There was an interesting discussion here about using Application.Volatile False in a VBA UDF.
It seems that if you create a VBA UDF like this one:
Function functest2(x As Double) As Double Application.Volatile (False) Dim Z As Double Z = x + 2 functest2 = Z End Function
and call it from a cell when x refers to another cell that contains a volatile function or has a precedent cell with a volatile function, then the function is not recalculated when the volatile precedent cell changes because of a recalc. But of course it should!
If you change the function by either:
- Changing x as double to x as variant
- Removing the Application Volatile False statement
then the function is recalculated as expected. It also works as expected if the precedent cell is not volatile, or is changed, or a full calculation (ctrl-alt-F9) is done.
I have to admit that I had never seen the point of using Application.Volatile False since thats supposed to be what you get if you omit the Application.Volatile statement altogether. But this unexpected behaviour started me digging.
In the old XLM Macro language it turns out there was a use for Volatile False. If you created an XLM UDF using ARGUMENT(8) to make the argument remain as a reference rather than be coerced to a value the UDF was made Volatile, so you could use Volatile False if you did not want this behaviour.
Also (and probably more relevant) in a similar way when creating XLL functions if you register the function as a macro-equivalent function by adding a # to the end of the registration type string, and you are using type R or U arguments (reference) then the function will be made volatile, (the usual way is to add ! to the end of the type string). And in a similar way to the XLM macros you can use the C API function xlfVolatile to switch this volatility to False.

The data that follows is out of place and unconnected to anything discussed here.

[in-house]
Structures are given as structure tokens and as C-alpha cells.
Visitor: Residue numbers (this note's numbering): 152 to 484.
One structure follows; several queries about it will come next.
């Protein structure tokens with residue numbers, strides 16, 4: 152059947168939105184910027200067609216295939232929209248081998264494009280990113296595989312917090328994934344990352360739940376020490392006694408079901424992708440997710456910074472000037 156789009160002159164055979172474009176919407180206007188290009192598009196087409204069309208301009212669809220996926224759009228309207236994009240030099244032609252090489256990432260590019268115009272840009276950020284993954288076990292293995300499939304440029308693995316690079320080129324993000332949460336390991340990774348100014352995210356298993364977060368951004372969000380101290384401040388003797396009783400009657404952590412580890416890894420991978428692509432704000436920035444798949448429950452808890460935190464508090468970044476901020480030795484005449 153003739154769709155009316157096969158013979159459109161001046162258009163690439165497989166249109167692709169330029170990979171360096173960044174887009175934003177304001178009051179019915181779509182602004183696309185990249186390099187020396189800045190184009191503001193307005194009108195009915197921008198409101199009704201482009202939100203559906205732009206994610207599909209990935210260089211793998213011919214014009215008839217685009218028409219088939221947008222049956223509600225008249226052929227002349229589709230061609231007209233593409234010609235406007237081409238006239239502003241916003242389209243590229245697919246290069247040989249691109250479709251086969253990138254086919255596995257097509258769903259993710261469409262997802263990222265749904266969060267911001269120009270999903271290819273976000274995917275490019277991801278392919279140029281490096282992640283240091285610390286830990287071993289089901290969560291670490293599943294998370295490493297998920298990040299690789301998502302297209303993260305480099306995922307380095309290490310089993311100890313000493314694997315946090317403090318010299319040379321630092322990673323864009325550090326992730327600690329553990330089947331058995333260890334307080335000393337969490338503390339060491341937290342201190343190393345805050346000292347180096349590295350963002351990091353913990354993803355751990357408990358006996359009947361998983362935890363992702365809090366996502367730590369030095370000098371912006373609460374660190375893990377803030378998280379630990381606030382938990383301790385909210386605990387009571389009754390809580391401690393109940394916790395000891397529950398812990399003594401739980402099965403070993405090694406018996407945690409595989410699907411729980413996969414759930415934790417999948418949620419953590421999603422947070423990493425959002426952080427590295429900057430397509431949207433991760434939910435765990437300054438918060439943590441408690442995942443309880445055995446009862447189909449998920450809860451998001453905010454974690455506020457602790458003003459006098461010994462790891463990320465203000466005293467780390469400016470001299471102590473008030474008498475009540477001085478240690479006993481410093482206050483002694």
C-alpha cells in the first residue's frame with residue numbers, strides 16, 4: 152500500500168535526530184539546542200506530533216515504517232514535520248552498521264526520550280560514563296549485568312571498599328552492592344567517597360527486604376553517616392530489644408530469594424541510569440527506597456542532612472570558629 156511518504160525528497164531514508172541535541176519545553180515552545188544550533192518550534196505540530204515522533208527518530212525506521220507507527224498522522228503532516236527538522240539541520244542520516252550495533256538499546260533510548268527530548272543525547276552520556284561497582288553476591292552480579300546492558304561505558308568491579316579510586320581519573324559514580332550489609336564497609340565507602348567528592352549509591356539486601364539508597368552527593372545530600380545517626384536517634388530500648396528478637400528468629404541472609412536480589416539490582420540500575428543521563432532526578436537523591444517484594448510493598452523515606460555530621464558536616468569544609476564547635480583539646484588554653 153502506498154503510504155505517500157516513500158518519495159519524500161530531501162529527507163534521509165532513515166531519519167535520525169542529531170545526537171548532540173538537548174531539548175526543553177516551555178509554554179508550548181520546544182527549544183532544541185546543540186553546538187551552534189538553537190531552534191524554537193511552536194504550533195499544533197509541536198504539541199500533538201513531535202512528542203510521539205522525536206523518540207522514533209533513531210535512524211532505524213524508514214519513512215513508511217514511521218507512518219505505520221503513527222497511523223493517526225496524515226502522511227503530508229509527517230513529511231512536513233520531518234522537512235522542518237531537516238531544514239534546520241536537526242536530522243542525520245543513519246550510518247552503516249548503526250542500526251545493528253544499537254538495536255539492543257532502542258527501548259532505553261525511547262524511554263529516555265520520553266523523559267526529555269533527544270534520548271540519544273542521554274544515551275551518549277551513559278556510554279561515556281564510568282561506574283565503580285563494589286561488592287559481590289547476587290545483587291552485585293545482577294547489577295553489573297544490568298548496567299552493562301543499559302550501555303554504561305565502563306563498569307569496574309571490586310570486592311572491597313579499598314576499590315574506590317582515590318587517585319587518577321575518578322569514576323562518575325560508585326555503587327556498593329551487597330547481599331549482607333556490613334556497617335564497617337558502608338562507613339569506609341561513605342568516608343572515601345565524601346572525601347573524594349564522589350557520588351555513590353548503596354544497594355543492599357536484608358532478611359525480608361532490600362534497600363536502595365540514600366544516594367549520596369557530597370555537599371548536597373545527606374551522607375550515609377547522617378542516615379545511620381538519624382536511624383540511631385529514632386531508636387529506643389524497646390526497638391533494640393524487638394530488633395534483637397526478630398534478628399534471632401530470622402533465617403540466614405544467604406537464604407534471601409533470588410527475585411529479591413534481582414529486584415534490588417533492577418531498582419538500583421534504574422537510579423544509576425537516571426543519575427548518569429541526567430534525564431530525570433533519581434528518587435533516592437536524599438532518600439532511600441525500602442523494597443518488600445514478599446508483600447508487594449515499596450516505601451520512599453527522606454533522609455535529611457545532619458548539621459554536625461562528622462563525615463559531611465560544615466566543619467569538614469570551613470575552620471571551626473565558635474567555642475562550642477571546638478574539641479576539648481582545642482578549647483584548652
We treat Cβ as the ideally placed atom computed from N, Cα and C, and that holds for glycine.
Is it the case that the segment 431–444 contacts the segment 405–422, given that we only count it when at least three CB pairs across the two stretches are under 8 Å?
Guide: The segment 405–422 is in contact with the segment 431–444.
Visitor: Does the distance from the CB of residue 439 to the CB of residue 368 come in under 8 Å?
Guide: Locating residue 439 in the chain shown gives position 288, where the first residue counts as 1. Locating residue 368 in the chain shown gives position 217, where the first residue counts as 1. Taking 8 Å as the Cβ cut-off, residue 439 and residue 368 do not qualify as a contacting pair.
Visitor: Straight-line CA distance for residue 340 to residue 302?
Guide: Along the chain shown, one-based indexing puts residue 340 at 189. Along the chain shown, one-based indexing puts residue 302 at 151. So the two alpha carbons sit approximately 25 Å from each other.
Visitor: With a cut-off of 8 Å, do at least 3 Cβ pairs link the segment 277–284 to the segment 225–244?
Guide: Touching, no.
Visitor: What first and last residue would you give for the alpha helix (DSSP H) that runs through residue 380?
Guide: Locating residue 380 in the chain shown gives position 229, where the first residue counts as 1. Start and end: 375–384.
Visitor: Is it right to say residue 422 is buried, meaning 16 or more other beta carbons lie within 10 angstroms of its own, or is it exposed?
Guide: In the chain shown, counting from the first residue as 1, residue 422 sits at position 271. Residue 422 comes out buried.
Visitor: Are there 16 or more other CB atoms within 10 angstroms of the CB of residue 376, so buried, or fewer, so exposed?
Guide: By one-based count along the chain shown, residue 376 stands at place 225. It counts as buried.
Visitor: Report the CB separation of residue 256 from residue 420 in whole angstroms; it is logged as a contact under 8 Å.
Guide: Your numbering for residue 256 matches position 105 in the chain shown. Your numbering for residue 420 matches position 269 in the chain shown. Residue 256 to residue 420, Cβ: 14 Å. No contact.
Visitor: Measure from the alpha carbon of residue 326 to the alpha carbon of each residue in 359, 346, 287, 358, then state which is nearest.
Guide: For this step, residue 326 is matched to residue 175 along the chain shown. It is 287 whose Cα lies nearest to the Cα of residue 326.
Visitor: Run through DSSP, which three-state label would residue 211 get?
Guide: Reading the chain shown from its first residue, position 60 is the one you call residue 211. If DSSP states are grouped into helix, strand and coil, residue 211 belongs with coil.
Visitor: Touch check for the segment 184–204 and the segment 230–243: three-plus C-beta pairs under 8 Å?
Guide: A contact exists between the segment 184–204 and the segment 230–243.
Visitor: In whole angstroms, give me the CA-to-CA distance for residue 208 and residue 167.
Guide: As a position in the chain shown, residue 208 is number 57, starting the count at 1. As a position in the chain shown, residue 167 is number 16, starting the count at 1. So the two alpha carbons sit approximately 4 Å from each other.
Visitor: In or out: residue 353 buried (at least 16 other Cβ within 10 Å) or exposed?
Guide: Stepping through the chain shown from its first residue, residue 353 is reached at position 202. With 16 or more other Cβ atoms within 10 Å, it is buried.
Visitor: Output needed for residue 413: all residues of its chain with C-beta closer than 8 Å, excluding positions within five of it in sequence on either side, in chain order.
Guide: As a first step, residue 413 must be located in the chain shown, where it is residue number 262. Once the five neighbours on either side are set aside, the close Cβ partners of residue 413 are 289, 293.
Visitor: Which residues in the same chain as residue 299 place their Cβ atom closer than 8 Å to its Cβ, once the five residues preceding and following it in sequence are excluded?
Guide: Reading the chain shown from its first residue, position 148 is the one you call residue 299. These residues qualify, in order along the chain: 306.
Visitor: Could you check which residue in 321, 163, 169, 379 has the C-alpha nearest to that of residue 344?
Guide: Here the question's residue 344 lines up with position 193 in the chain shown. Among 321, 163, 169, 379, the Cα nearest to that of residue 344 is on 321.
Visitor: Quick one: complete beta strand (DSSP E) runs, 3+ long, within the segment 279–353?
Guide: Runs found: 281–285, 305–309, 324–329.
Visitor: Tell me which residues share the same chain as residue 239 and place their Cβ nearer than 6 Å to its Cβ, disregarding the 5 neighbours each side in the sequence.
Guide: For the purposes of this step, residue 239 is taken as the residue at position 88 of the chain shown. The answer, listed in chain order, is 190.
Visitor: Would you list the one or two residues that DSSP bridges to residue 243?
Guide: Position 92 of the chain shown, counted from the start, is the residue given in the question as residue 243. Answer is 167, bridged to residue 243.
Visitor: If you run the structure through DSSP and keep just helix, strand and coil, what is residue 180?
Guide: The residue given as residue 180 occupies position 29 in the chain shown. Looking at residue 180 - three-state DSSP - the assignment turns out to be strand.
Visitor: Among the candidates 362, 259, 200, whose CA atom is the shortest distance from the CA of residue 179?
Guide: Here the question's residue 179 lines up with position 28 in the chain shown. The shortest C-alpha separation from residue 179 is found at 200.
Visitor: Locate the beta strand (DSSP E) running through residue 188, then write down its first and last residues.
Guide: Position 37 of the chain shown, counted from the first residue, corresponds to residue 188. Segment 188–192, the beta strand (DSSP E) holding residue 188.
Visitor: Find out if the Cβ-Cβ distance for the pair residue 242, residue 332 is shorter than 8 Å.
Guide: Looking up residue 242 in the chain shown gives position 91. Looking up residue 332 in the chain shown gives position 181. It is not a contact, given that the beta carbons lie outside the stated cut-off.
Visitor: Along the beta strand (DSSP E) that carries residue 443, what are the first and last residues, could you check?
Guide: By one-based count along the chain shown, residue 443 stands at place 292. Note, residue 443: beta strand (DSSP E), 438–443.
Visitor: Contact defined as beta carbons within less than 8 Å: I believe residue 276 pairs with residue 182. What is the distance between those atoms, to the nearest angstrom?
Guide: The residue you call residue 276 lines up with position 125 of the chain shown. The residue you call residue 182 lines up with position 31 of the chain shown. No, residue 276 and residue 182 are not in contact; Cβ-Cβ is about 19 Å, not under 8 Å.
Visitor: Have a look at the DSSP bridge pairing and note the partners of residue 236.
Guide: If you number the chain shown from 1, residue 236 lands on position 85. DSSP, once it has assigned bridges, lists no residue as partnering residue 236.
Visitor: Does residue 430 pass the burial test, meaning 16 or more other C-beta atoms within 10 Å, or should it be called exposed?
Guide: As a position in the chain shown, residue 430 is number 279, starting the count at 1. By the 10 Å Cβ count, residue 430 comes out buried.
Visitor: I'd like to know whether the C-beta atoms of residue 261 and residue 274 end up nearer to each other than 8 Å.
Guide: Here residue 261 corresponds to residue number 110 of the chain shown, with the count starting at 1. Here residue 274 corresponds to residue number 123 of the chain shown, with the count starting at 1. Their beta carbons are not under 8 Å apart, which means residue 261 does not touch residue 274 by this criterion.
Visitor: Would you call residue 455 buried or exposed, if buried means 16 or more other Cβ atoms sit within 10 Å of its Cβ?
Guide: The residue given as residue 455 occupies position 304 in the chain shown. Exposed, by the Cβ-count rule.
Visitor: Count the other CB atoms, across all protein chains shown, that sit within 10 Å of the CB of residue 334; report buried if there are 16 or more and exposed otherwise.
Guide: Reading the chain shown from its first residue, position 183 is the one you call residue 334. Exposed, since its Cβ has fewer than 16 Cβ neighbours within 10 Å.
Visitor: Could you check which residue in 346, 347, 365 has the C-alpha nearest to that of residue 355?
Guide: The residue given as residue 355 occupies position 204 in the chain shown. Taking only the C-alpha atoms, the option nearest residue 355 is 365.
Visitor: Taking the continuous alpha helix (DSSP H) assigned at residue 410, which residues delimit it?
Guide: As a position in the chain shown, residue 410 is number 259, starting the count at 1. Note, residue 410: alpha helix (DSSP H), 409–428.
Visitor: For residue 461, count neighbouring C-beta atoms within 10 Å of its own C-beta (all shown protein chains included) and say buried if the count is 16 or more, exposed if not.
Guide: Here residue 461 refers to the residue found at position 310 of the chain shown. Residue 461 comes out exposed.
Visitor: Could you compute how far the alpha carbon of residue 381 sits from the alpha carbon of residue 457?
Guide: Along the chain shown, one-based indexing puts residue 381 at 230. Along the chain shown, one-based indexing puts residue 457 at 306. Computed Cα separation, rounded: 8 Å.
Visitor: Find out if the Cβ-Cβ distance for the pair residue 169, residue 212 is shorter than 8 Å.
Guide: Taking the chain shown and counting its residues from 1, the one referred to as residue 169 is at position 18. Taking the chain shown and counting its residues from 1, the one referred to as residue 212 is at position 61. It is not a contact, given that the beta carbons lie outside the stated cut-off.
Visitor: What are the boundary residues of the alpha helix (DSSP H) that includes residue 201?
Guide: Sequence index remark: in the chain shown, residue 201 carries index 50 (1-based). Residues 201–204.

If you have not flagged the XLL UDF as a macro-equivalent function then using xlfVolatile has no effect
Macro-equivalent XLL functions can be useful because they have increased permissions compared to normal UDFs:
- They can get the previous value of an uncalculated cell
- They can use information functions that ordinary functions cannot
But these macro-equivalent XLL functions using R or U with Volatile set to False also do not recalculate when they have a volatile precedent.
It seems to me that this is definitely a bug with the VBA UDF, and that there is no reason to use Application.Volatile False with VBA (maybe unless you want to have a conditionally volatile function?).
With an XLL function (and an XLM function) at least there is a use for Volatile False, but the XLL behaviour with Volatile precedents also looks buggy to me.
So what do you think? Bug or by design?
Can you see another use for explicitly setting Volatile to False?
Anyone want to see if the same bug exists with an XLM function?
For more information on Volatile Functions and Actions see my Volatility page.